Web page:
The Irrawaddy News Magazine [Covering Burma and Southeast Asia]

"Thais are very angry with the Burmese, mainly because of drugs."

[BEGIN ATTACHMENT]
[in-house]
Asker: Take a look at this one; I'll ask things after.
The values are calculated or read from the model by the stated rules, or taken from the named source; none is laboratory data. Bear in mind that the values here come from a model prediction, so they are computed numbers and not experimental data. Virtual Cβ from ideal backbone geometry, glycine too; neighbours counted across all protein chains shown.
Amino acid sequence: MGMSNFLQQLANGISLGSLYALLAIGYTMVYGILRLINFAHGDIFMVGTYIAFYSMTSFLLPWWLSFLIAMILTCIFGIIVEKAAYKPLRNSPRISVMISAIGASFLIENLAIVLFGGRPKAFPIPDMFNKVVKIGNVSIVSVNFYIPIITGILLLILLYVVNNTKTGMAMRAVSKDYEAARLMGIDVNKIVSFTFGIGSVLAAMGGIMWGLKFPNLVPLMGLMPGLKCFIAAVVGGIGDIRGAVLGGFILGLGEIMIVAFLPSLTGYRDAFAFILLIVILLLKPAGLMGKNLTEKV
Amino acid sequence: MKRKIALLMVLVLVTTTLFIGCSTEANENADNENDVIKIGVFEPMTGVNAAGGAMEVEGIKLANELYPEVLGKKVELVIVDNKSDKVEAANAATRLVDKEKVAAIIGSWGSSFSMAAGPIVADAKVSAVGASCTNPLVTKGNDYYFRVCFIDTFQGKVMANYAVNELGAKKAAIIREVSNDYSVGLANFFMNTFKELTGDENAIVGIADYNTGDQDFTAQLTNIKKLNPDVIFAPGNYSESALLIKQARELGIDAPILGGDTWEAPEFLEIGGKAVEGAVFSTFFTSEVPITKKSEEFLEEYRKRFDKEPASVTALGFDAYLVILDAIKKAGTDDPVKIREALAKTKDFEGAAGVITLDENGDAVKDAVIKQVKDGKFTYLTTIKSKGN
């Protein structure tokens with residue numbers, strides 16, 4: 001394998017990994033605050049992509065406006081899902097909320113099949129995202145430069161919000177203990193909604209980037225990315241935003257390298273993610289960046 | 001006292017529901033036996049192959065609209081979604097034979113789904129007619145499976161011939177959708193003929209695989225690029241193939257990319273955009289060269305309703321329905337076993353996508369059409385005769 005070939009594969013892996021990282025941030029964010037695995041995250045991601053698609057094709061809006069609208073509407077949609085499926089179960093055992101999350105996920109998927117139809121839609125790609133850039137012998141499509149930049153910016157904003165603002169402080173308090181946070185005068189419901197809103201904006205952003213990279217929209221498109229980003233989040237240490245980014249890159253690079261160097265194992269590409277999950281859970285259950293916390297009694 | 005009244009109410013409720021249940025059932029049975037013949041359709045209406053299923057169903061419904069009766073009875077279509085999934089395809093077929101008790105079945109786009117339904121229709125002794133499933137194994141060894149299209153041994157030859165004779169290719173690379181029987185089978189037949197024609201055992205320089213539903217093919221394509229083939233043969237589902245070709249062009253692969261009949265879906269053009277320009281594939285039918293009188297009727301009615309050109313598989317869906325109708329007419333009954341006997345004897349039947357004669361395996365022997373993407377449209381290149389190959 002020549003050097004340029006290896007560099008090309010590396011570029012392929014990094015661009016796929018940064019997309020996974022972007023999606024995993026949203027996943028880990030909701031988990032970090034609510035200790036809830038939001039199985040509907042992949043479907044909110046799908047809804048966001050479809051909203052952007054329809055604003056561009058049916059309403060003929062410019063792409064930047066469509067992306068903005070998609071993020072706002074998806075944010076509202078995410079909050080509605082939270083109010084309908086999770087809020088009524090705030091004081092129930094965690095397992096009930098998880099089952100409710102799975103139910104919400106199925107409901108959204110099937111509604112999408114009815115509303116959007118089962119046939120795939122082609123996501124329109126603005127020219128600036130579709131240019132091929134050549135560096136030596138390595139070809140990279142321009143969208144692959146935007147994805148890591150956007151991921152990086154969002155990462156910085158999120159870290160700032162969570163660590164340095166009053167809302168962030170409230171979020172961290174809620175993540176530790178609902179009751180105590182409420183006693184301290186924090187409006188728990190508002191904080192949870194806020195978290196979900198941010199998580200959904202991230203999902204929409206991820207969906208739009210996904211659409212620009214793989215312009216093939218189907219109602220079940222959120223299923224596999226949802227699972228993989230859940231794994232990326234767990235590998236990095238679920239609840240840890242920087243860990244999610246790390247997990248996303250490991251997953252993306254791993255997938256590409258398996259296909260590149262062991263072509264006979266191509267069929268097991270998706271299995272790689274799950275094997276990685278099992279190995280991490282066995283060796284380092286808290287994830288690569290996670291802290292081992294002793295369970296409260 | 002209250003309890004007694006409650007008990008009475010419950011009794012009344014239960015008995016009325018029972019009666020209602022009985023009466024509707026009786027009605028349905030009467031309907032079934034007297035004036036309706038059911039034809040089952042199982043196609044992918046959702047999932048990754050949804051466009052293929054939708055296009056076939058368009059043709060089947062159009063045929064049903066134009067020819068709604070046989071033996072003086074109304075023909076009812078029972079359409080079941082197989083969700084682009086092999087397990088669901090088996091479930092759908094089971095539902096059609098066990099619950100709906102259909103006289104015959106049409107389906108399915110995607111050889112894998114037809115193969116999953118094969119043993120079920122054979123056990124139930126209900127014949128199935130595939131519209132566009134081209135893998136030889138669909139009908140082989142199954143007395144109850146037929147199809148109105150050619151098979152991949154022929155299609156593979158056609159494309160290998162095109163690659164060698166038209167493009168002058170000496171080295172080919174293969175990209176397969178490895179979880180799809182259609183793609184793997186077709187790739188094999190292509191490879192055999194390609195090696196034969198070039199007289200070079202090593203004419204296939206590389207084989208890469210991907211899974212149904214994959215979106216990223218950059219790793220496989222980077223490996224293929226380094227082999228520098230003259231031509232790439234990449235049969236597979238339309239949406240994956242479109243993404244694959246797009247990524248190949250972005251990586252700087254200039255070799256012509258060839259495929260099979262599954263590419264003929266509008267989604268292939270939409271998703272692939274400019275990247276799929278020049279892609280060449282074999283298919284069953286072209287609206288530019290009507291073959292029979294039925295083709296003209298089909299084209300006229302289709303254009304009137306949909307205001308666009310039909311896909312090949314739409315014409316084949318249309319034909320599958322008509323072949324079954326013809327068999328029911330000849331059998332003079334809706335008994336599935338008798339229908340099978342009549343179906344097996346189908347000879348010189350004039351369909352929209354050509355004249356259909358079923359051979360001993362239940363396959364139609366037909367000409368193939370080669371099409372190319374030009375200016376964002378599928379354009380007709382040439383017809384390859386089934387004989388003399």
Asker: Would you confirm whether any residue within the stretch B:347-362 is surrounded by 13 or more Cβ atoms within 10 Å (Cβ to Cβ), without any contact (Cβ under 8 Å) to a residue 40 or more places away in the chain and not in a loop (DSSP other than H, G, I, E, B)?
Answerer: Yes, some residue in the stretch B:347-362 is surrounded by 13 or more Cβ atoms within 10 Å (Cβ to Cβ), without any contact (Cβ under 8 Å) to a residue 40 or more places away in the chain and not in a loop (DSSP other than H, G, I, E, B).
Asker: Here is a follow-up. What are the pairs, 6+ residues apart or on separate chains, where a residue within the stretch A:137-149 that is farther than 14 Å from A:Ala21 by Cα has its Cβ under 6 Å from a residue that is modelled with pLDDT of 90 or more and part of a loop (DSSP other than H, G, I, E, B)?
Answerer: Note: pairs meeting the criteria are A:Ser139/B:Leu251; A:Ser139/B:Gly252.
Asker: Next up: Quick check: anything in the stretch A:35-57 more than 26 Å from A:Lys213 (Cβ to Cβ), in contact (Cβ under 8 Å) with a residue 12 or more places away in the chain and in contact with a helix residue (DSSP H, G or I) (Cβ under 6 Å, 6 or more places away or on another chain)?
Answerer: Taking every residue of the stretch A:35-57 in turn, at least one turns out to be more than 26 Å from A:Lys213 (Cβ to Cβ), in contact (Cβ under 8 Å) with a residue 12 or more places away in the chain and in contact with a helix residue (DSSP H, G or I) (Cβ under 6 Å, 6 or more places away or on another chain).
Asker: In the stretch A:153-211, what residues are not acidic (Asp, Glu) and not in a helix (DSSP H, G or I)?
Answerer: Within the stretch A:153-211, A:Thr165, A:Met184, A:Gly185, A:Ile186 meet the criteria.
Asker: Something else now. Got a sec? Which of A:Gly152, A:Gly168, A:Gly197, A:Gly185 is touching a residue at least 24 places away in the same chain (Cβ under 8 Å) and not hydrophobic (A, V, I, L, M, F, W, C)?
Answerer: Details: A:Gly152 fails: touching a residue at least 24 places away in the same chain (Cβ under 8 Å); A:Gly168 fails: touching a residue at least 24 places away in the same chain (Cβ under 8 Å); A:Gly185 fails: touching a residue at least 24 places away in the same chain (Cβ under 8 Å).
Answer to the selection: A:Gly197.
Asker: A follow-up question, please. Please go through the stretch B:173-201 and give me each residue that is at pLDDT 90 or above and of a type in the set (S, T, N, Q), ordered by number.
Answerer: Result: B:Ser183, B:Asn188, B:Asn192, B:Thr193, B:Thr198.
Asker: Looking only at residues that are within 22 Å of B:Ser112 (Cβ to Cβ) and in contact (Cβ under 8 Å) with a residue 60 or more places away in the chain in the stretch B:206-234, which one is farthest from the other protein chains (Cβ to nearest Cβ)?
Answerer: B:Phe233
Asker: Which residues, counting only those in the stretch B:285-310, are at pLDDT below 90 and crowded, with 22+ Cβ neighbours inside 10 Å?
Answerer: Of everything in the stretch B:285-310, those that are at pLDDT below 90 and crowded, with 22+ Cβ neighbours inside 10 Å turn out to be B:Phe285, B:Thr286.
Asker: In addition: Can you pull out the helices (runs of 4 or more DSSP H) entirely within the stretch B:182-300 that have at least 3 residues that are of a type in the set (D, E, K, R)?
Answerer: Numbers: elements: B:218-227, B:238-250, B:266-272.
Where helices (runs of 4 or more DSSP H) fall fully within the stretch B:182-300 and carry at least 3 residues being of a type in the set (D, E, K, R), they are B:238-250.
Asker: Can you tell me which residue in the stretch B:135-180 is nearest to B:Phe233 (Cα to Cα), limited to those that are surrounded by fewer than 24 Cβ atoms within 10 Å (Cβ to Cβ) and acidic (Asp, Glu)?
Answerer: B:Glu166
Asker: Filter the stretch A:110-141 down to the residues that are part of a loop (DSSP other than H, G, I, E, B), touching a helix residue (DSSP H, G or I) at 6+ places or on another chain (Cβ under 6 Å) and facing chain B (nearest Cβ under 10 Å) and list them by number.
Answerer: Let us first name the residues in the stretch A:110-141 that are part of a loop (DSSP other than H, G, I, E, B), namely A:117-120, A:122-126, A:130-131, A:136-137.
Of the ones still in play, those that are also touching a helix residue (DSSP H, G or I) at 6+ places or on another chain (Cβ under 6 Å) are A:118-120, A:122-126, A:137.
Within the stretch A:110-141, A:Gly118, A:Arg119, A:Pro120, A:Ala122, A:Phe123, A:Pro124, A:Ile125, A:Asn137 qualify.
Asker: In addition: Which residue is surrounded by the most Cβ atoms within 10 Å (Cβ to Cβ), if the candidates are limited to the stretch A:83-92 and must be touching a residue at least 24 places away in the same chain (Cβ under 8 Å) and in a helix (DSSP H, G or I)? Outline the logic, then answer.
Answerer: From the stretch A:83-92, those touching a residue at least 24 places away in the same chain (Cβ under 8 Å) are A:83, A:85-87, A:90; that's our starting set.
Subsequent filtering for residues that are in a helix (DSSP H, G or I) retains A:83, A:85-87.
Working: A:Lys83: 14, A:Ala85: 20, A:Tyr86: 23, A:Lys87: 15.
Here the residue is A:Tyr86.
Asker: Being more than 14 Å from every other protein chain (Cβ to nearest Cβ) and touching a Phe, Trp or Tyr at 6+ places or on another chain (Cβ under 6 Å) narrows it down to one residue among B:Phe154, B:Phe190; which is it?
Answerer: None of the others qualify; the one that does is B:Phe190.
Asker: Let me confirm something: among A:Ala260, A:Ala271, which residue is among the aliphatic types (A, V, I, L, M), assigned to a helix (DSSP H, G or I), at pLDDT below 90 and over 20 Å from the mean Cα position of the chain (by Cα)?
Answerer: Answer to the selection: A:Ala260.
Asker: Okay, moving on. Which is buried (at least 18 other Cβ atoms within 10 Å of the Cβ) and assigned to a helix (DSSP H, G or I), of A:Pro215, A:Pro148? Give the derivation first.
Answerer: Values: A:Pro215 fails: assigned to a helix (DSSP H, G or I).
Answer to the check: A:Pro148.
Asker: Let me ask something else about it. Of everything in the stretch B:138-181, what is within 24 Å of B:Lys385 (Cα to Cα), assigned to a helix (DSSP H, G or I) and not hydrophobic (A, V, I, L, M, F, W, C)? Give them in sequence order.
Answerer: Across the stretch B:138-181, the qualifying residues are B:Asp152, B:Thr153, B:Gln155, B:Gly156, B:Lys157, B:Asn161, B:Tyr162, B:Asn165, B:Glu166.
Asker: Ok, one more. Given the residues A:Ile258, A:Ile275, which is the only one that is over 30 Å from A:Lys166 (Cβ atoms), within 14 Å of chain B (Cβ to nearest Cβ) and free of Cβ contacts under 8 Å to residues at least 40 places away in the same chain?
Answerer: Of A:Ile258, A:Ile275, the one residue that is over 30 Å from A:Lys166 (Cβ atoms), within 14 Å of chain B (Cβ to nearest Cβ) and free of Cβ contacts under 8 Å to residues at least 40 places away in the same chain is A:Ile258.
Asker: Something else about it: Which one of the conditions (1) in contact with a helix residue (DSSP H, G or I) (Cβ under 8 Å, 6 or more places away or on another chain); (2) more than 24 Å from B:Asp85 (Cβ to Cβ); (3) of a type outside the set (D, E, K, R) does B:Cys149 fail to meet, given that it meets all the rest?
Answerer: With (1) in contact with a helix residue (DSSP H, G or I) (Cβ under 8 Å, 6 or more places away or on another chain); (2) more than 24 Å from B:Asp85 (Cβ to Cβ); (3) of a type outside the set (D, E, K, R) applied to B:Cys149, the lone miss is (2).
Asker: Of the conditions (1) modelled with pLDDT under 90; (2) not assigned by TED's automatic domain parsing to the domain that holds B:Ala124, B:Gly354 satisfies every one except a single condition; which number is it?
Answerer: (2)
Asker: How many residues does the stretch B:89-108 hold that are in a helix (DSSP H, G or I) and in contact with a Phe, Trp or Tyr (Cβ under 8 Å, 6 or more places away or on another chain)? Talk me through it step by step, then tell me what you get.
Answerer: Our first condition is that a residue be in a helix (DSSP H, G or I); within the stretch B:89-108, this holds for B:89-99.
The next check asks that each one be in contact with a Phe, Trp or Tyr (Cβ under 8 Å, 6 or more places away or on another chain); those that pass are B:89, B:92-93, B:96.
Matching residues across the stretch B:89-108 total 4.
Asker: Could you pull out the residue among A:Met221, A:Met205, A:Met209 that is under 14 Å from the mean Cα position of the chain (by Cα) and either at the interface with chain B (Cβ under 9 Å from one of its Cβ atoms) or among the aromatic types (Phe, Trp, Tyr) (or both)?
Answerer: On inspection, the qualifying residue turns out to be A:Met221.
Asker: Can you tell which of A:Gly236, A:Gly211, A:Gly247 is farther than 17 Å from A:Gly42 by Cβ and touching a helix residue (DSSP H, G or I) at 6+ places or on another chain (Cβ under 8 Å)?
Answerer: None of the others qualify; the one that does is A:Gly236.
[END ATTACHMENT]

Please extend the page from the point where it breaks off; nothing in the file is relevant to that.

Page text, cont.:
An interview with Senator Kraisak Choonhavan, head of Thailand’s Senate Committee on Foreign Affairs. Interview by John S. Moncrief Question: What is your evaluation of the new government’s handling of relations with Burma? Answer: It’s too early to tell, but there is a genuine attempt by the Foreign Minister to use a carrot and stick tactic. The carrot being that Burma [has] so much to gain if they are decent to us. Decent means that they signed with us about four agreements—bilateral or multilateral agreements—that I can think of to suppress drug production, but let’s see some curbing from their side. And what they stand to gain is that we will start payment on the gas. There is a lot of income to be made from selling Yadana pipeline gas. Q: Initially, Foreign Minister Surakiart Sathirathai outlined a foreign policy focused on economic engagement, but the government seems to have backed off on this to some extent. Has the idea of engaging Burma economically been abandoned? A: At the beginning, [the government] seemed more interested in the question of business. For instance, we posed questions to the Deputy Prime Minister, who’s also in charge of defense, Gen Chavalit Yongchaiyudt. He proceeded to talk about mega projects. He gave detailed examples of deep-sea ports in the southern part of Burma, and lignite mining and electricity, before he started to answer security questions. But now, with the exposure of the linkages between the drugs of the minority people, particularly the Yunnanese Chinese and the Wa, and the Burmese military, [Prime Minister] Thaksin [Shinawatra] has decided that this information should be made public ... Now that suggests that Thaksin agrees with the army’s approach to the issue of relations between Thailand and Burma; but then, he’s erratic and he could shift again like he’s shifted on many other things. Q: PM Thaksin has declared a war on drugs. How can a war on drugs succeed unless it addresses the linkages between the drug lords and the SPDC? A: I think by exposing the information "by accident". But it’s not something that you can come out and say, because if you spoke about [the SPDC-drug connection] publicly, the Burmese would never talk to you. The government had no choice [but to expose the connection] in a way, even though this has created problems for them. But [Thaksin] has no choice but to keep on talking, negotiating with Burma. Q: Unlike many Thai military officials, Third Army Commander Lt-Gen Wattanachai Chaimuanwong has been quite aggressive with the Burmese. What kind of support does he have to take such a hard line? A: He has the support of most Thais who are affected by drugs. Thais are very angry with the Burmese, mainly because of drugs. Admittedly, though, at times he uses very strong words that raise eyebrows in Bangkok, particularly when the new government has boasted consistently that it has very good personal ties with the Burmese leaders. He is trying to be the antithesis of this as much as possible. Q: In the previous administration under Chuan Leekpai, the government had a more coordinated approach to Burma, as the Democrats controlled both the Ministry of Foreign Affairs and the Ministry of Defense. But now, these ministries are divided between different parties. Does the current government have the capacity to implement a unified policy, or will it be divided among competing institutions? A: The difference between Gen Chavalit’s [former] government and Banharn’s [former] government and Chuan’s second government is the fact that governments prior to Chuan’s relied mostly on the military to deal with the Burmese. Chuan’s government relied more on the foreign ministry than the military … [Now] we’re back to a similar situation as we were in before. But the use of FM Surakiart to probe Burma is the first scouting attempt. We might see the increasing use of Gen Chavalit if Surakiart doesn’t succeed, but I don’t think this would be to the satisfaction of the Thai people [unless there were a] drastic reduction in amphetamine production. I don’t think that will happen tomorrow or the day after or any time in the short term. Now the PM will visit Burma and drugs will be the main issue. But the Burmese can wait. They know that Thaksin is in a precarious situation. They know he’s being investigated by the constitutional court. Q: What do you think of Asean’s policy towards Burma? A: Asean can no longer function like this [and remain] an entity that we can call an international organization with some clout, when two members are confronting each other at the border practically on a yearly basis. So Asean has to take a position on this. I think that if Burma does not cease its excessive violence internally and stop causing trouble for neighboring countries with its export of drugs, it should be expelled from Asean. Q: Do you think Asean has the political will to do this? A: Obviously not, but this is my opinion. How can we function with a country like this as a member? When Burma was admitted to Asean, Malaysia and Singapore came out to defend Burma on the non-interference principle, as if it were some sort of religion. In my opinion this is quite hypocritical … When there is haze coming from the slash and burn cultivation in Sumatra and it hits Malaysia, they are quite critical of Indonesia. And is there any talk about interfering in the internal policy of Indonesia, when Indonesia has huge problems with ethnic and communal conflicts that lead to bloodshed and refugees flooding into Malaysia? Malaysia has mentioned this to Indonesia, but on the question of Burma, Malaysia takes a different position. This should be changed so that the problems between Thailand and Burma can be discussed in Asean with Asean approval. [Asean leaders need to] open their ears and eyes to the function of the organization as a whole. Q: What is the role of the Senate Committee for Foreign Affairs in policy formation towards Burma? A: I don’t think that we can in fact have much influence in terms of government policy towards Burma except when we are critical of them. The public can listen and we try to represent the people’s feelings and interests as much as possible on an issue by issue basis … But we are quite new at the job. I’m quite new at my job and still trying to define my own role. Q: What impact has the presence of US military advisors in the newly created drug suppression Task Force 399 had on Thai-Burma bilateral relations? A: I think Thailand needs the support, for one thing. We need to turn a military force that is basically trained for conventional warfare and counter-insurgency into a drug suppression force … But obviously the repercussions will be that the Burmese might use it as a diplomatic excuse to blast Thailand further. But they haven’t so far. Q: Insurgent armies that once provided buffer zones between Thailand and Burma have been severely weakened over the past ten years. What effect has this had on Thai national security and bilateral relations with Burma? A: That’s why we have gotten into a lot of clashes with the Burmese. I can’t remember when we were confronting Burmese on the border without factions of Karen, Kachin and even the Karenni. These groups have disintegrated, either escaping to Thailand as cheap labor or working as dirt farmers on the other side of the border. The Burmese are able to set up posts right in front of and opposite Thai positions. When clashes still occur sporadically along the border with these minorities, it’s inevitable that Thailand will come into confrontation with the Burmese. But Thais would never again … allow Burmese troops onto Thai soil. This has been strictly followed because of consistent reports on the linkages between Kokang drug-producing groups and the Burmese junta. The military in Burma will have second thoughts [before entering Thai territory again].